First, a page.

November 23, 2022
Michael Ferguson, Minister of Infrastructure and Transport
The $64 million bulk mineral export facility operated by TasRail at the Port of Burnie is by far Tasmania’s most important mineral export infrastructure and the new facility under construction will provide the industry with the ability to grow for many decades.
Fabrication of this infrastructure is well advanced at COVA Haywards in Launceston and The Engineering Company in Somerset, backed by quality assurance from the Tasmanian Minerals and Energy Council.
TasRail’s new shiploader will load at twice the speed of the current facility and, combined with the additional 15,000 tonnes of storage capacity at the port, this change in scale is attracting considerable interest from the mining sector .
The speed and loading capacity of the new facility and its seamless connection to TasRail’s freight rail network are already attracting interest from the mining and mineral processing industries.
The facility’s largest customer, Tas Mines, has signed a Memorandum of Understanding with TasRail to undertake a joint feasibility study with TasRail to shift its freight task to the port from road to rail.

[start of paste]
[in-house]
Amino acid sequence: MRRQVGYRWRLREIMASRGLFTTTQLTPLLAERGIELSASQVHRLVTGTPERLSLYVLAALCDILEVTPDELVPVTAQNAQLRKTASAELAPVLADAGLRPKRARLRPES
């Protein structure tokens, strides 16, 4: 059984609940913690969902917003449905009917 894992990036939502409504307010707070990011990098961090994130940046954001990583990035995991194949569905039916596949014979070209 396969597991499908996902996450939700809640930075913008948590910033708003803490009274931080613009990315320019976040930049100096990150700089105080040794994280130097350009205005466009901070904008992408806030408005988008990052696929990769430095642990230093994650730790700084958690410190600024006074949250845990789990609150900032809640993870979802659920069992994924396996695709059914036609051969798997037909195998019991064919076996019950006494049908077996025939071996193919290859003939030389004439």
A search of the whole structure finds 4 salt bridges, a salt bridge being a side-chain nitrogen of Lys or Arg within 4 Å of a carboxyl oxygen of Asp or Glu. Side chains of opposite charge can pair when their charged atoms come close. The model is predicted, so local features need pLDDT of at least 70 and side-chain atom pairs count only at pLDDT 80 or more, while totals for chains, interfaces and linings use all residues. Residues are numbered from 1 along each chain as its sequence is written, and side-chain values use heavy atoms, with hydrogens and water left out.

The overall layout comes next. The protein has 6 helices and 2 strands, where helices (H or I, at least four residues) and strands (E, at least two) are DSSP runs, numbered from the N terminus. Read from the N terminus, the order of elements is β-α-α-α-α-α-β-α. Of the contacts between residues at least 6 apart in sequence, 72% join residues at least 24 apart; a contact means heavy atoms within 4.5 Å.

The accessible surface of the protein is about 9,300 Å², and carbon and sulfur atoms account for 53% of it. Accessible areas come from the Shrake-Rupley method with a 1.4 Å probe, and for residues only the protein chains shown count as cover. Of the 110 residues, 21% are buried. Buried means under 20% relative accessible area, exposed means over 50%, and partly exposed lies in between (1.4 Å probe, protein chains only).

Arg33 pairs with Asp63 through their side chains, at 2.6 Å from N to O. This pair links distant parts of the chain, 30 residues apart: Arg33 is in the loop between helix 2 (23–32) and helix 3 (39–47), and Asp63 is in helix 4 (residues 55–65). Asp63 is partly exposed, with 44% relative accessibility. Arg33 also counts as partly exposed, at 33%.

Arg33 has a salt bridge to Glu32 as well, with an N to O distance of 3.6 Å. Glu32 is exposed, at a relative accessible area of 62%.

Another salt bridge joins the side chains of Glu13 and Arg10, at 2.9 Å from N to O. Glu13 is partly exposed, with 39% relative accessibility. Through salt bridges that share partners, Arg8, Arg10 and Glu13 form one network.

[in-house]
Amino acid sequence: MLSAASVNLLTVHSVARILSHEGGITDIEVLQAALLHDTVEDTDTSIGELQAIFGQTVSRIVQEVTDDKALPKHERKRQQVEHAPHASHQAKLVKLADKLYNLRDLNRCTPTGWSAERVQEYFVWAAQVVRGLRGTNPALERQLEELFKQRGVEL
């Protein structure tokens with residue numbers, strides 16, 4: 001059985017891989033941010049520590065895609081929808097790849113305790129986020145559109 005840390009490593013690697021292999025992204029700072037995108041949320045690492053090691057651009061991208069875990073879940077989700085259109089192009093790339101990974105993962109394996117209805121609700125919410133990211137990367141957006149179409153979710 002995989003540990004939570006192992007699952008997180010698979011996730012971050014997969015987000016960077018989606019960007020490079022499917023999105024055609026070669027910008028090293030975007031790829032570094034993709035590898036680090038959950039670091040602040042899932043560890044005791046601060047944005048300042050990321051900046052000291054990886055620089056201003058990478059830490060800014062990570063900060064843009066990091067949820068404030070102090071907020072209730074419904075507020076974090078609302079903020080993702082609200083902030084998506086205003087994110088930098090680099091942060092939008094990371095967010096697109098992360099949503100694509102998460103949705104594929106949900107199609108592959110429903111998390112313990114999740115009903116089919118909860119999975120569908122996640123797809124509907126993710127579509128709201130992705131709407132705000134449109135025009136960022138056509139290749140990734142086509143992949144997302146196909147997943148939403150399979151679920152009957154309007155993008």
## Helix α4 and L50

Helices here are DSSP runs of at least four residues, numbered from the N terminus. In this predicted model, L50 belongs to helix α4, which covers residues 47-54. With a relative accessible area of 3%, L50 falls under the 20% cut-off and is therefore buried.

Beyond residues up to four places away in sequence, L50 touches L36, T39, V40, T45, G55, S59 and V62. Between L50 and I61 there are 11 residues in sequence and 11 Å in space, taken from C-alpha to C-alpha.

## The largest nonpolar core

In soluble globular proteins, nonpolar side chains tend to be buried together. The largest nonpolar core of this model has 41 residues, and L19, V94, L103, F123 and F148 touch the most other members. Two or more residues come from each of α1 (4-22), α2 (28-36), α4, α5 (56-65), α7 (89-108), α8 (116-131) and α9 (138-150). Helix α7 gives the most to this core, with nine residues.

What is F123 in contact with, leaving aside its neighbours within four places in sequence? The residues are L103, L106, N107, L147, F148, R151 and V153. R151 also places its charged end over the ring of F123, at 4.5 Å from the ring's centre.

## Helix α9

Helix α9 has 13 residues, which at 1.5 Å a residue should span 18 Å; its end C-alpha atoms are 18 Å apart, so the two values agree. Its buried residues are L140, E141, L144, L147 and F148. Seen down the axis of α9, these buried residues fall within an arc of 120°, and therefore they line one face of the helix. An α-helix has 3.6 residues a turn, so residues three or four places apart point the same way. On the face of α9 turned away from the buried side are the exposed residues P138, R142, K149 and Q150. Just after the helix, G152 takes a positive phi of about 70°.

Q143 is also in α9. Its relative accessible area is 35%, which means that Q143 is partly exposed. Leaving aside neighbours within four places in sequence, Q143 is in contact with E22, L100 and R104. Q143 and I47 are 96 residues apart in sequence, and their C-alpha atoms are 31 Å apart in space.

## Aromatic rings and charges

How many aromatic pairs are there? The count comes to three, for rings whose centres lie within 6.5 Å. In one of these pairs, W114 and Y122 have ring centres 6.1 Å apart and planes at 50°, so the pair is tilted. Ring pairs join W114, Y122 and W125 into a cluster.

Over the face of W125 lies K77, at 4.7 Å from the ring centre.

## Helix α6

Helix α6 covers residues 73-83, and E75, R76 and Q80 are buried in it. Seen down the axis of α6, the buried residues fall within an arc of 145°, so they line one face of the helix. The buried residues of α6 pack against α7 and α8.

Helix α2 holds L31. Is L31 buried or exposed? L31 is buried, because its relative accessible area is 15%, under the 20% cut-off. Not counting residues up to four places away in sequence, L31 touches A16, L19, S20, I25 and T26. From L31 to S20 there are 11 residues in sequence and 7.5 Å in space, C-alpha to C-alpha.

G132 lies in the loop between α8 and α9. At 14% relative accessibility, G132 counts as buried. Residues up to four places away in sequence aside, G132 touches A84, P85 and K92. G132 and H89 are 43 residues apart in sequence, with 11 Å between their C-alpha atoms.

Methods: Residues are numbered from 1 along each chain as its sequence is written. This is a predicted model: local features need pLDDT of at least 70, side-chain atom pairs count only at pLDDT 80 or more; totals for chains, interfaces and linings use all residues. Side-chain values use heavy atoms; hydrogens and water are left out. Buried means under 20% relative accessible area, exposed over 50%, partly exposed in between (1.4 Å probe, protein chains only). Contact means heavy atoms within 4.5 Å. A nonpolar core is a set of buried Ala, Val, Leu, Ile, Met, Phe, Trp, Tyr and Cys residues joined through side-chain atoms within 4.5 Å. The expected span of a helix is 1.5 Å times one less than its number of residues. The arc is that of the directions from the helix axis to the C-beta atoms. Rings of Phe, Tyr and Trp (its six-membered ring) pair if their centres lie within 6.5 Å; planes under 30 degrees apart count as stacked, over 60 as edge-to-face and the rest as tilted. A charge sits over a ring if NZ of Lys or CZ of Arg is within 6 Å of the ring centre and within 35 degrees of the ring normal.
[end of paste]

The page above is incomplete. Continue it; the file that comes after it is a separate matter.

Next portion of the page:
Tas Mines shipped 260,000 tons of magnetite from the mine to the port last year.
With the Australian Government’s commitment to an $18 million bulk mineral loading hub on TasRail’s Melba Line, the bulk minerals industry will benefit from exciting new storage and logistics options, with rail connections being in the foreground.
Although the feasibility is yet to be determined, switching to rail would offer the potential to cut 6,500 truck movements each way per year on current volumes alone and provide a continuous rail-to-ship logistics train for the Hampshire-based Tas mines. .
This is an example of the potential of the new bulk ore ship loader and expanded storage facility at the Port of Burnie.
In the previous financial year, TasRail loaded 650,000 tonnes of zinc, lead and high-grade iron ore into the existing facility, which was just one vessel load less than a record .
The Port of Burnie Ship Loader is just one part of our $5.6 billion infrastructure program designed to support jobs and create safer, more connected communities.
The budget and forward forecasts include $4.85 billion in investments from the public administration sector, to which are added $736.9 million in support investments from other government enterprises.
Mobilization is underway at the Port of Burnie ahead of the shiploader components arriving in late January ahead of construction.
The project supports 140 local Tasmanian jobs in design and construction is on track for commissioning in mid-2023.
Only a Liberal government in Tasmania understands that investing in infrastructure grows the economy, creates jobs and provides the essential services that Tasmanians need.
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